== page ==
As Muslims begin one of their most important holidays
the month of Ramadan charitable organizations serving the American
Muslim community are taking what some observers believe is a desperate last
step to keep the US government from shutting them down.
Muslim Advocates (MA), a San Francisco-based national educational and advocacy
organization established by a 500-plus network of Muslim American lawyers, is
teaming with the Better Business Bureau (BBB) Wise Giving Alliance to launch
a new initiative to improve the fiscal management and administration of American
Muslim charitable organizations
Aziz Ahmad, an MA staff attorney, told IPS that sponsors of the program hope
it will begin to restore donors' confidence in charitable organizations that
support Muslim causes.
He added: "We hope the government will be less inclined to prosecute American
Muslim nonprofits and mosques for supporting terrorist causes if they demonstrate
that they meet the highest standards of legal compliance, financial accountability
and good governance."
In the months following the terrorist attacks of Sep. 11, 2001, the US government
launched its "global war on terror" by rounding up thousands of "Middle
Eastern-looking" men and women, jailing them without charges or access
to lawyers, but accusing none of them of terror-related crimes, convicting no
one, and ending up deporting some for non-criminal immigration violations.
At about the same time, the government opened up a second front against charitable
organizations it suspected of providing financial or other material assistance
to groups the government designates as "terrorist." While the campaign
applies to all domestic nonprofit organizations, the lion's share of scrutiny,
suspicion, and preemptive action has fallen on groups that support Muslim causes.
Since 9/11, there has been an exponential increase in government surveillance
of the financial practices of charities serving Muslim communities both in the
US and abroad. Numerous charities have been shut down, their records seized
and their assets frozen all with virtually no due process.
One such organization the Holy Land Foundation has been brought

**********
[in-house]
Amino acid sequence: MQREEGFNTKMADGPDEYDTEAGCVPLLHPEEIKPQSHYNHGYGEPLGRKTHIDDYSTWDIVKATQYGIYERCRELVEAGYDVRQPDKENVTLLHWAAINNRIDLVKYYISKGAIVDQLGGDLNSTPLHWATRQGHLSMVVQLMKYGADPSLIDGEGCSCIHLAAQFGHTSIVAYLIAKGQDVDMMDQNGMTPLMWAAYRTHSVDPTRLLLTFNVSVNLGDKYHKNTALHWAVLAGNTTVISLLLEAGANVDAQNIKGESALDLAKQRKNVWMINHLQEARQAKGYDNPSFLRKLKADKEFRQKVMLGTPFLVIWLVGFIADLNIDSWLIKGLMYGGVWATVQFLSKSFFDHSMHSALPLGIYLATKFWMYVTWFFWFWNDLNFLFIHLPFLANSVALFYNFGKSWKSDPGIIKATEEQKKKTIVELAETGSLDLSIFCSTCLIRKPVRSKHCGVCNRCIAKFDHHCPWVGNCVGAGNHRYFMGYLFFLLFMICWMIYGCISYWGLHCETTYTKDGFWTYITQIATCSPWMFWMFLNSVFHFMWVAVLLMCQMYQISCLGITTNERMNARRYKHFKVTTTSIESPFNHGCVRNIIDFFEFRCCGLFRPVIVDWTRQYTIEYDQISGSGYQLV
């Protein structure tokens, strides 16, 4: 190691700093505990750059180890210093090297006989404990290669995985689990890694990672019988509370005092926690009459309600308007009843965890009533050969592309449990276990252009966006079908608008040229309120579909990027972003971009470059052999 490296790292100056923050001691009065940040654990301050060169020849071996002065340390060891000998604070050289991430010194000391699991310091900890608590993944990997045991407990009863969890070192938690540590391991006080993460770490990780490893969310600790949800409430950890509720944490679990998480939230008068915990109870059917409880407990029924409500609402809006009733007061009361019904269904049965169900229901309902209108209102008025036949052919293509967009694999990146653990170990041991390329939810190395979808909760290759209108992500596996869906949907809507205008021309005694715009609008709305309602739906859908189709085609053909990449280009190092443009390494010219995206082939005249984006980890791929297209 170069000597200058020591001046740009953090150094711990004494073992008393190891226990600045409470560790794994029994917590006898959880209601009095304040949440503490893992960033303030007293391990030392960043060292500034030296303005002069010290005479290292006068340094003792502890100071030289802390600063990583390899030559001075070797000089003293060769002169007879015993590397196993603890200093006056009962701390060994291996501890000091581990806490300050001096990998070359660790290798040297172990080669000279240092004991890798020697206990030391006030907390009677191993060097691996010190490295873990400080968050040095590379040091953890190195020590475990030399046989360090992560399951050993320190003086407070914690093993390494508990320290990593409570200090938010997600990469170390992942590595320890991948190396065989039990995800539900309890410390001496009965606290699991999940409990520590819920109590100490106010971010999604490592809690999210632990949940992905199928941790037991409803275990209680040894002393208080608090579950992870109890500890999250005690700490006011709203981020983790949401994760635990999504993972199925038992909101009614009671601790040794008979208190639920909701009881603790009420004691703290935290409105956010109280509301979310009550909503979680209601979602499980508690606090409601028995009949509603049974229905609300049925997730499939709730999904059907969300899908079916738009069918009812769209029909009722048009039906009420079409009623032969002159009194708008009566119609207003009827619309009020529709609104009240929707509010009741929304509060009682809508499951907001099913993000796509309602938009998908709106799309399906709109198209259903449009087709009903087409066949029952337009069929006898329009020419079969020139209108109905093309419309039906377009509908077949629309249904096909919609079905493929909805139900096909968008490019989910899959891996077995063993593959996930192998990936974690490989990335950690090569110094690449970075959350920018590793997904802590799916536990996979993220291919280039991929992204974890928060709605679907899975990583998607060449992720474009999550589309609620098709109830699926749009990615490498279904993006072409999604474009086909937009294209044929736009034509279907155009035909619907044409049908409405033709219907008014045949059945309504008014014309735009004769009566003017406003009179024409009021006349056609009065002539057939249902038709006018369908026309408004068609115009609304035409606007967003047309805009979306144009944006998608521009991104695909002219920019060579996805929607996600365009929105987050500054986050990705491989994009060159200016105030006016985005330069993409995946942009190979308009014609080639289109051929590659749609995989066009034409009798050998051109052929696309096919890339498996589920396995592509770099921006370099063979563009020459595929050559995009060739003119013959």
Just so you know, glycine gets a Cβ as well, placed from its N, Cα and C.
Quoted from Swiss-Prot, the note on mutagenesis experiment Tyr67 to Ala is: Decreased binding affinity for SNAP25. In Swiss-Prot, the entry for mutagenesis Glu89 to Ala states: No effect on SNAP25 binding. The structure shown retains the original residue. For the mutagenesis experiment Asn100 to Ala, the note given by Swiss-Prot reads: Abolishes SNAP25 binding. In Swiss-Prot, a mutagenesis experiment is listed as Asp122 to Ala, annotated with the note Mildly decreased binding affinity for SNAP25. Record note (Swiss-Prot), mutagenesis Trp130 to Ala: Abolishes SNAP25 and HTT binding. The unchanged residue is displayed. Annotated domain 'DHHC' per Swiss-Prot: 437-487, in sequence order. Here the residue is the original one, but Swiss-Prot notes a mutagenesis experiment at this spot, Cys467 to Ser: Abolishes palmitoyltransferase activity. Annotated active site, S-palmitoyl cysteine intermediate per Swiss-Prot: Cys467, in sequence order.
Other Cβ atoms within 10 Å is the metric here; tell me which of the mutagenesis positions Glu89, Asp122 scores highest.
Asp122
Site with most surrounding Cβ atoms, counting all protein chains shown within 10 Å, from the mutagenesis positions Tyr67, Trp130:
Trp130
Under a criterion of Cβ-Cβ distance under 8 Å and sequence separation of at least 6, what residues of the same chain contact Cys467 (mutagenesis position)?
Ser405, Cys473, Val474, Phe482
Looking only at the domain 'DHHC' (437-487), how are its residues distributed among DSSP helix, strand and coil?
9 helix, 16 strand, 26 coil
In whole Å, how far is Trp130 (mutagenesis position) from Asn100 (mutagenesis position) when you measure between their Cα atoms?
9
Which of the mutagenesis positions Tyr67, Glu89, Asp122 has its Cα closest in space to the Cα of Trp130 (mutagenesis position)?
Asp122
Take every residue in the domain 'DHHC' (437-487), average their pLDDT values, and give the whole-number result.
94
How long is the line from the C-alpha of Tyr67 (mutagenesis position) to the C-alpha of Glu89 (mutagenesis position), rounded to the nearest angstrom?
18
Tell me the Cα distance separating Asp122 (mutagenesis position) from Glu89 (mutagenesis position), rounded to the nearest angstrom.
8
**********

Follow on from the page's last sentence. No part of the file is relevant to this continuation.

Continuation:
to trial. That trial ended in the exoneration of one of the defendants and a
hung jury on the fate of the other defendants. The government is about to retry
Meanwhile, none of the assets frozen by the Treasury Department which
administers the scrutiny of charitable organizations has been returned,
despite numerous requests. These assets include funds the charities require
to pay for their legal defense.
The government's pursuit of not-for-profit groups that support Muslim causes
has caused a dramatic decrease in contributions and has left donors and volunteers
confused about which organizations and institutions they can trust. Fulfilling
their "zakat" giving to charitable causes is a fundamental
tenet of Islam and a high priority for donors and volunteers.
For American Muslims, these charities play a vital role in society, from feeding
the hungry, to building bridges of interfaith understanding, to helping victims
in disaster-stricken regions of the world.
The new initiative combines MA's legal expertise and the BBB's reputation as
an independent charity evaluator with over 1,200 charities reviewed to date.
It will provide charitable organizations with free services including assistance
a network of attorneys and accountants to assess their current practices and
identify information needed for meaningful review by the BBB's Wise Giving Alliance.
The Alliance will also conduct evaluations to determine that an organization
has met its 20 Standards of Charity Accountability. These are considered by
many to be the toughest, most comprehensive governance and fiscal management
standards in the nonprofit sector.
At the same time, MA will produce informational materials and host a series
of free educational seminars for nonprofit leaders in eight cities across the
US, beginning in the San Francisco Bay area in October. These seminars will
advise Muslim charities on a wide range of issues, including how to improve